including Carlo Buongiorno, and upon returning found that the administration had once again merged the aerospace
engineering department into the mechanical and industrial engineering department to form the Department of
Mechanical, Industrial, Aerospace, and Manufacturing Engineering. George Vradis, who was a Poly alumnus and a
specialist in CFD was named head of the newly combined department and he was succeeded in 1996 by Sunil
Kumar, an expert on energy systems and heat transfer. In 2001 the department head changed again to Said
Nourbakhsh and the department relinquished the aerospace engineering degree, returning, after 60 years, to the
earlier situation where both the graduate and undergraduate degrees were mechanical engineering degrees with an
aerospace option, and George Vradis is once again the head of the department.

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American Institute of Aeronautics and Astronautics
V. Degree Production

Over the 60 years during which aerospace degree programs were part of Polytechnics offerings, the number of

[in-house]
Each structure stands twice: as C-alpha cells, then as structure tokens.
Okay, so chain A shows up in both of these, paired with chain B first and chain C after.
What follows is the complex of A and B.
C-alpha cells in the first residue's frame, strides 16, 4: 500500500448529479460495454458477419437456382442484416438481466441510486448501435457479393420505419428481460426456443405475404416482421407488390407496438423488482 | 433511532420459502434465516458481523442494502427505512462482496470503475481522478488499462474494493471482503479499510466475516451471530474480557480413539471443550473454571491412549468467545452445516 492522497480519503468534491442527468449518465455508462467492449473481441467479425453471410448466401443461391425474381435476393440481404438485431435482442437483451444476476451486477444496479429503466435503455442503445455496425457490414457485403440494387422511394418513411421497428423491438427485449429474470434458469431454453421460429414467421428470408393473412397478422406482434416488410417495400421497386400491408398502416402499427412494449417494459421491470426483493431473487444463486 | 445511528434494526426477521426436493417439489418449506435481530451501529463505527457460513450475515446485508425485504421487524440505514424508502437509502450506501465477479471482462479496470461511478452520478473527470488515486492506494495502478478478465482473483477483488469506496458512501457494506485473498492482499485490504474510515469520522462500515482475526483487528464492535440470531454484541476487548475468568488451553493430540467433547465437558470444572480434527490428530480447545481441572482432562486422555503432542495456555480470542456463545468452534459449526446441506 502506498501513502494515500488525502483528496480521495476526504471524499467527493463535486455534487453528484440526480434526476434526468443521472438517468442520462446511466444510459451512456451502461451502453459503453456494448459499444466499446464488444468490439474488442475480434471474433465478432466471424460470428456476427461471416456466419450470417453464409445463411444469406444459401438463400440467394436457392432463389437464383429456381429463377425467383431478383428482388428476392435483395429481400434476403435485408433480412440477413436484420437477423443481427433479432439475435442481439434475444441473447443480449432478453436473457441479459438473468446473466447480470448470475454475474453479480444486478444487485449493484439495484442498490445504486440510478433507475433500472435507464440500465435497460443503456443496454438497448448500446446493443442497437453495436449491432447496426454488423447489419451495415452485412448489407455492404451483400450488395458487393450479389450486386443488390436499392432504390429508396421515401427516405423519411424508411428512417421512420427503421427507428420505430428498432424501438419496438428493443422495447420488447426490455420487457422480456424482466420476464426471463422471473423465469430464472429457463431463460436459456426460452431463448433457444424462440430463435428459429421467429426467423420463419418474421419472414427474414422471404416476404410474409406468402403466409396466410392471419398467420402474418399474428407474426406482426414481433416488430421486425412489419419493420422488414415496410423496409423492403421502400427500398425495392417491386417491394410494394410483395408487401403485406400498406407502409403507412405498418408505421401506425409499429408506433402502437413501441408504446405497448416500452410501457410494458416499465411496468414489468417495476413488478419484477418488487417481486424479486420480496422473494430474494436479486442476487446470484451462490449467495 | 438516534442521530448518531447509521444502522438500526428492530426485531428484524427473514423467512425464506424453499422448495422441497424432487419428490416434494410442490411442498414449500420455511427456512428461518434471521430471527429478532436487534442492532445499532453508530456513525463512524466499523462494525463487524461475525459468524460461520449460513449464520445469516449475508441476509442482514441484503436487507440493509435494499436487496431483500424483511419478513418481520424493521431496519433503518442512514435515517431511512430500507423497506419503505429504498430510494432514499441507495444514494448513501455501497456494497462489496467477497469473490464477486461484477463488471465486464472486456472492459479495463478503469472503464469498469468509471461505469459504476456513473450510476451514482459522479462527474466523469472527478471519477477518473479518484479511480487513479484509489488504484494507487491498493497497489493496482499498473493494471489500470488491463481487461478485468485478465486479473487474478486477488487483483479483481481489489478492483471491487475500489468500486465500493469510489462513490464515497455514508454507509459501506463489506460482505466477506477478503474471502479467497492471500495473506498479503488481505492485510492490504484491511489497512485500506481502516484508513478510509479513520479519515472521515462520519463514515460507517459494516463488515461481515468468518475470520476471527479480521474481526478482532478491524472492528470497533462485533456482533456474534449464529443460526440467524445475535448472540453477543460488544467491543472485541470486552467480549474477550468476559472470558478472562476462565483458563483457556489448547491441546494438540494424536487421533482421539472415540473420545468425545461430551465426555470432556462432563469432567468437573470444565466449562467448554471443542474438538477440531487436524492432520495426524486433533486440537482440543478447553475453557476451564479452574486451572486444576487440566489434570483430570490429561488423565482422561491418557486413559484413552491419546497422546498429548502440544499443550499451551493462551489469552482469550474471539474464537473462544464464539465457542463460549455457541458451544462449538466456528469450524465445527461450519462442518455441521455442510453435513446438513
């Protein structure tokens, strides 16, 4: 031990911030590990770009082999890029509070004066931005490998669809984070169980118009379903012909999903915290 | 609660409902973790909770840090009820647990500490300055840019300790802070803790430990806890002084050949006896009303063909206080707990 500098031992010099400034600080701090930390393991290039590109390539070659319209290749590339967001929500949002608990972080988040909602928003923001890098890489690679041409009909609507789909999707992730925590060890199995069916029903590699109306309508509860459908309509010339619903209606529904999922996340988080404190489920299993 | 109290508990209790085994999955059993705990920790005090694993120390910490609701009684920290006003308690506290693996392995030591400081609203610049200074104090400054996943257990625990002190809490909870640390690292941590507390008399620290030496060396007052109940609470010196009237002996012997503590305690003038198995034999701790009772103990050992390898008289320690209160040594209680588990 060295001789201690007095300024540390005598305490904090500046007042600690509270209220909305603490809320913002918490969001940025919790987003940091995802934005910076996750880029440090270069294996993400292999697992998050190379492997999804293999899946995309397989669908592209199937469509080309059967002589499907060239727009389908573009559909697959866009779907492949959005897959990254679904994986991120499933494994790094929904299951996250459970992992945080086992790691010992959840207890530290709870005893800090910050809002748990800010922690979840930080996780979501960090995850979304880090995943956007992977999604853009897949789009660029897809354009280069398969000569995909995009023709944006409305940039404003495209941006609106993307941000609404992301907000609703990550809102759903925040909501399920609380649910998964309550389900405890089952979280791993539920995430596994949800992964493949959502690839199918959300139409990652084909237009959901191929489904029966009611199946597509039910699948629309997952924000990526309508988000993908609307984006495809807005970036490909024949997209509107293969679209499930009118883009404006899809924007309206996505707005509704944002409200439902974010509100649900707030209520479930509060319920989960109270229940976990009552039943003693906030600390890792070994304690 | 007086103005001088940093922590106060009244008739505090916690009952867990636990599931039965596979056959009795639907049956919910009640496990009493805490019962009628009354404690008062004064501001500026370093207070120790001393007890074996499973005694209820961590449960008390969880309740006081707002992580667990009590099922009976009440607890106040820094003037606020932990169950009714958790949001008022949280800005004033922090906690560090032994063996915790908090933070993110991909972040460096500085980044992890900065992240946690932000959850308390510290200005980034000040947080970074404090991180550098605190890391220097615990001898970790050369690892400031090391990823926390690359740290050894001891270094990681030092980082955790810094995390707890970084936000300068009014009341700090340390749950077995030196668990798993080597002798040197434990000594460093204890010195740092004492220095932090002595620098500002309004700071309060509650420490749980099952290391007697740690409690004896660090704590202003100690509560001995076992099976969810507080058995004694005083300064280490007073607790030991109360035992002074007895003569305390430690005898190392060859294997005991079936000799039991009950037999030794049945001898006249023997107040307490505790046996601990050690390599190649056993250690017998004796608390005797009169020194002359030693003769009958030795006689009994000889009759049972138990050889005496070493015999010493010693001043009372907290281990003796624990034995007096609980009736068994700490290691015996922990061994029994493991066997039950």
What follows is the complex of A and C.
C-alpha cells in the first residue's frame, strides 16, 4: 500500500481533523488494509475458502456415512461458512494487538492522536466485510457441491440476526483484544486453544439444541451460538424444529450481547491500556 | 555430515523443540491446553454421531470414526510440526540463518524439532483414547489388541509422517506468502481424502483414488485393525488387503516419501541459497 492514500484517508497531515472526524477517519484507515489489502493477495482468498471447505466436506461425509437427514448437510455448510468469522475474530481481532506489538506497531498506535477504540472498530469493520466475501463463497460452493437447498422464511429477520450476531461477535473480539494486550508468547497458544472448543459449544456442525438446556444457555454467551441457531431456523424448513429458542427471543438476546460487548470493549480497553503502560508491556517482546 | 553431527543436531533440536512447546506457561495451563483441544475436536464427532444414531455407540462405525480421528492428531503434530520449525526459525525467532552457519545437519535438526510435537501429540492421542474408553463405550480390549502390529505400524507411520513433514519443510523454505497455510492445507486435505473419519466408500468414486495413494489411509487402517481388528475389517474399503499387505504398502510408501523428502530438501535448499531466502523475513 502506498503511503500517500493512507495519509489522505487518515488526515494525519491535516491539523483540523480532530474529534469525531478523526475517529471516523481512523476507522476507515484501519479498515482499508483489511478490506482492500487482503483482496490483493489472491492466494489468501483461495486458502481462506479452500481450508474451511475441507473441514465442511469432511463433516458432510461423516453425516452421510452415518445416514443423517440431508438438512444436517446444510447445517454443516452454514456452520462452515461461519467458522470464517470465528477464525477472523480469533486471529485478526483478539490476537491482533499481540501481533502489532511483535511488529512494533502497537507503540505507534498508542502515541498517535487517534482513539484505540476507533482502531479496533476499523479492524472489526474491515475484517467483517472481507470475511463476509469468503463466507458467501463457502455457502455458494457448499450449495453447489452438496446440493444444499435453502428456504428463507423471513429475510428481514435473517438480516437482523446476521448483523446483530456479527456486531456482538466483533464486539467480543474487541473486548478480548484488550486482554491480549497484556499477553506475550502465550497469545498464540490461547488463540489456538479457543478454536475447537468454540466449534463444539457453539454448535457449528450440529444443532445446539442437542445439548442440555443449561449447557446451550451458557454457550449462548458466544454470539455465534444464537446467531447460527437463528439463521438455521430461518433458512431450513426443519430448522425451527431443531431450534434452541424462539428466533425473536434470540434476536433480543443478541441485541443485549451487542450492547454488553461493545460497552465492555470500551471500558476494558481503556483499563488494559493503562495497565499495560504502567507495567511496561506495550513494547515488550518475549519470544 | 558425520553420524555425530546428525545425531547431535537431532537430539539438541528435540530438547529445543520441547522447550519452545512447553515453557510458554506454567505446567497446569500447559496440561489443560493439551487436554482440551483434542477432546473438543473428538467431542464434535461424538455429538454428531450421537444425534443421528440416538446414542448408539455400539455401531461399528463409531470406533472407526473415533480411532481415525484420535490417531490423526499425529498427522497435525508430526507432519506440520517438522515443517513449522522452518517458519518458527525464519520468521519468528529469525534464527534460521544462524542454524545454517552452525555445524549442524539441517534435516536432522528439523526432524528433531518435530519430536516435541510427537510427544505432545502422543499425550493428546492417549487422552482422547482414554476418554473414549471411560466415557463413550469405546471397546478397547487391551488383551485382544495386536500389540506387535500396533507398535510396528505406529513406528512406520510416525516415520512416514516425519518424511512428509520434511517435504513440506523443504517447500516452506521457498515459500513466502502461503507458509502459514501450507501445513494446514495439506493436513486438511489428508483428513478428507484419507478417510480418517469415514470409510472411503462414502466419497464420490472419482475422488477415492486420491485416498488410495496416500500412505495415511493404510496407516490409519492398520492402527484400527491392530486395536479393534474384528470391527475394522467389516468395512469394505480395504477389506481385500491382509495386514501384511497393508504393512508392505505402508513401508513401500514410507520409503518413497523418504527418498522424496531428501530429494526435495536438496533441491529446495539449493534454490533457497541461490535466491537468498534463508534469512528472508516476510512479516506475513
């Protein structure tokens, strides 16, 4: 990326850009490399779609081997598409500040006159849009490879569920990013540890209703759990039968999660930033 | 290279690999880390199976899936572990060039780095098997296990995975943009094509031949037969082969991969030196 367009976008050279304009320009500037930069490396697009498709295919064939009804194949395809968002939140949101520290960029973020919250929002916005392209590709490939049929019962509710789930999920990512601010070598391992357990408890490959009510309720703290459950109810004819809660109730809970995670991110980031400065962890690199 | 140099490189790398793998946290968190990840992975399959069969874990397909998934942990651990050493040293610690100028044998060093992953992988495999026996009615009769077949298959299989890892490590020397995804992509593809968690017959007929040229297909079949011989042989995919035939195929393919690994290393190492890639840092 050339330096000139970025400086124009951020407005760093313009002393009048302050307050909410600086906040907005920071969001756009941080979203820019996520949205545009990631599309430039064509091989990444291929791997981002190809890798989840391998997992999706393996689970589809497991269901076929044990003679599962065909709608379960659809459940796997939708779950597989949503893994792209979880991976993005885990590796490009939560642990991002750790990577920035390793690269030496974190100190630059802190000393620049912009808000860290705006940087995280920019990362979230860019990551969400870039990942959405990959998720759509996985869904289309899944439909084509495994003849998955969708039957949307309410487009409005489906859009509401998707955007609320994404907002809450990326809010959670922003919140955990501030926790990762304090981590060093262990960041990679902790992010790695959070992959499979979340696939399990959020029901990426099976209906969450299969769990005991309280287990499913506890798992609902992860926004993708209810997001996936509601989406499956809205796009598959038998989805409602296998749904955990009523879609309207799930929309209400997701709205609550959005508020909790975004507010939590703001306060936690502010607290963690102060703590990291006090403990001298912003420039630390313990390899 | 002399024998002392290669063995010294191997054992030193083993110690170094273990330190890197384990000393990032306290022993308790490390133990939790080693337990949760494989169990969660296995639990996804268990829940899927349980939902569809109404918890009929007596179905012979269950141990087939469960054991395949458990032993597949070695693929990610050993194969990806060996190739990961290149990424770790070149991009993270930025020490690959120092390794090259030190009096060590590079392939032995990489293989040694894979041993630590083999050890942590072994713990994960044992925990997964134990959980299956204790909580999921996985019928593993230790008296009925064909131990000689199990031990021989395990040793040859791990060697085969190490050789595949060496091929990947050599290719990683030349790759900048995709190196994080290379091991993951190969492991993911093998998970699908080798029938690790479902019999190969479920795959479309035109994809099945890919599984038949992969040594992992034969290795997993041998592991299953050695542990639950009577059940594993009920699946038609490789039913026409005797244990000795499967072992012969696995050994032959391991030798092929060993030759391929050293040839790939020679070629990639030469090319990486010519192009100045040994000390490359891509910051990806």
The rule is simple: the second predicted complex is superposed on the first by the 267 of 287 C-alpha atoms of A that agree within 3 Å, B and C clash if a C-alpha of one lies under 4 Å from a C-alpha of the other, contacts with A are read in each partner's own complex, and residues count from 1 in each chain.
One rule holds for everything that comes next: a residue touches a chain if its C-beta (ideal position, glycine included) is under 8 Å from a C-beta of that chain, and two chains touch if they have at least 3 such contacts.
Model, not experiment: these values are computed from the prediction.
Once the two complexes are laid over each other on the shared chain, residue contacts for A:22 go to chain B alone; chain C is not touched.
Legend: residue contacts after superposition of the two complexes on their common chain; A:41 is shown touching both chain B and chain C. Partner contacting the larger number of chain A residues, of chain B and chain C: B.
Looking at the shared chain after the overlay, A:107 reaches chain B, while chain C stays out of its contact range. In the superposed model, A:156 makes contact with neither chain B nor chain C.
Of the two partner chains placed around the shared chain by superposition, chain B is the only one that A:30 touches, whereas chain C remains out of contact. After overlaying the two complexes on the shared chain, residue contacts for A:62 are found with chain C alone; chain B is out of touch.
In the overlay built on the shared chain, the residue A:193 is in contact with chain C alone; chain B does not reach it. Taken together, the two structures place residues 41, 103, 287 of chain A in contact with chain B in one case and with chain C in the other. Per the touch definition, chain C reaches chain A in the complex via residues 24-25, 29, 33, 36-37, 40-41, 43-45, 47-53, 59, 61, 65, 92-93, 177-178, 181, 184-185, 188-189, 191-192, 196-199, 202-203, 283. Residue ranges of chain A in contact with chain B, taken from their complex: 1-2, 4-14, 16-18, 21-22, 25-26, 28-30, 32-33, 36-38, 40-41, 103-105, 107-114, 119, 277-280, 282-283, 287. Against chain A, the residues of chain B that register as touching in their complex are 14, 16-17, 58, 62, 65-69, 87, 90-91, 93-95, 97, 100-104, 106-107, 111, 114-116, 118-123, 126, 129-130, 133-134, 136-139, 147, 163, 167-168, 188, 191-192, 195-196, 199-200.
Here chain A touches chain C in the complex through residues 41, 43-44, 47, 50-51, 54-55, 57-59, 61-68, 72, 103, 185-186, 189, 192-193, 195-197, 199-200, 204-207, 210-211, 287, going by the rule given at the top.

graduates fluctuated substantially, in tune with the fortunes of the aerospace industry in general. Annual averages of
the number of Bachelors, Masters, and Ph.D. degrees awarded in aerospace disciplines taken over various time
periods are summarized in Table 9. It is interesting to note that the average number of Bachelors degrees awarded
over the period from 1940-1990 is 29 in spite of vast changes in the nature of the local aerospace industry and the
level of research funding in the departmental aerospace programs. Indeed, over the 1964-1978 interval where annual
departmental research expenditures were on the order of 25% of Polytechnics total, there were essentially the same
average annual number of Bachelors degrees awarded as during the 1979-1989 interval where departmental
research expenditures were no more than 10% of Polytechnics total. The impact of research funding is seen in the
category of Ph.D. degrees awarded, were much greater during the heavily funded 25 years 1953-1978, at an average
of five per year. The Masters degree numbers are influenced mainly by the strength of the local aerospace industry
which historically supplied half the students in Masters-level courses. Once again, during this middle 25-year period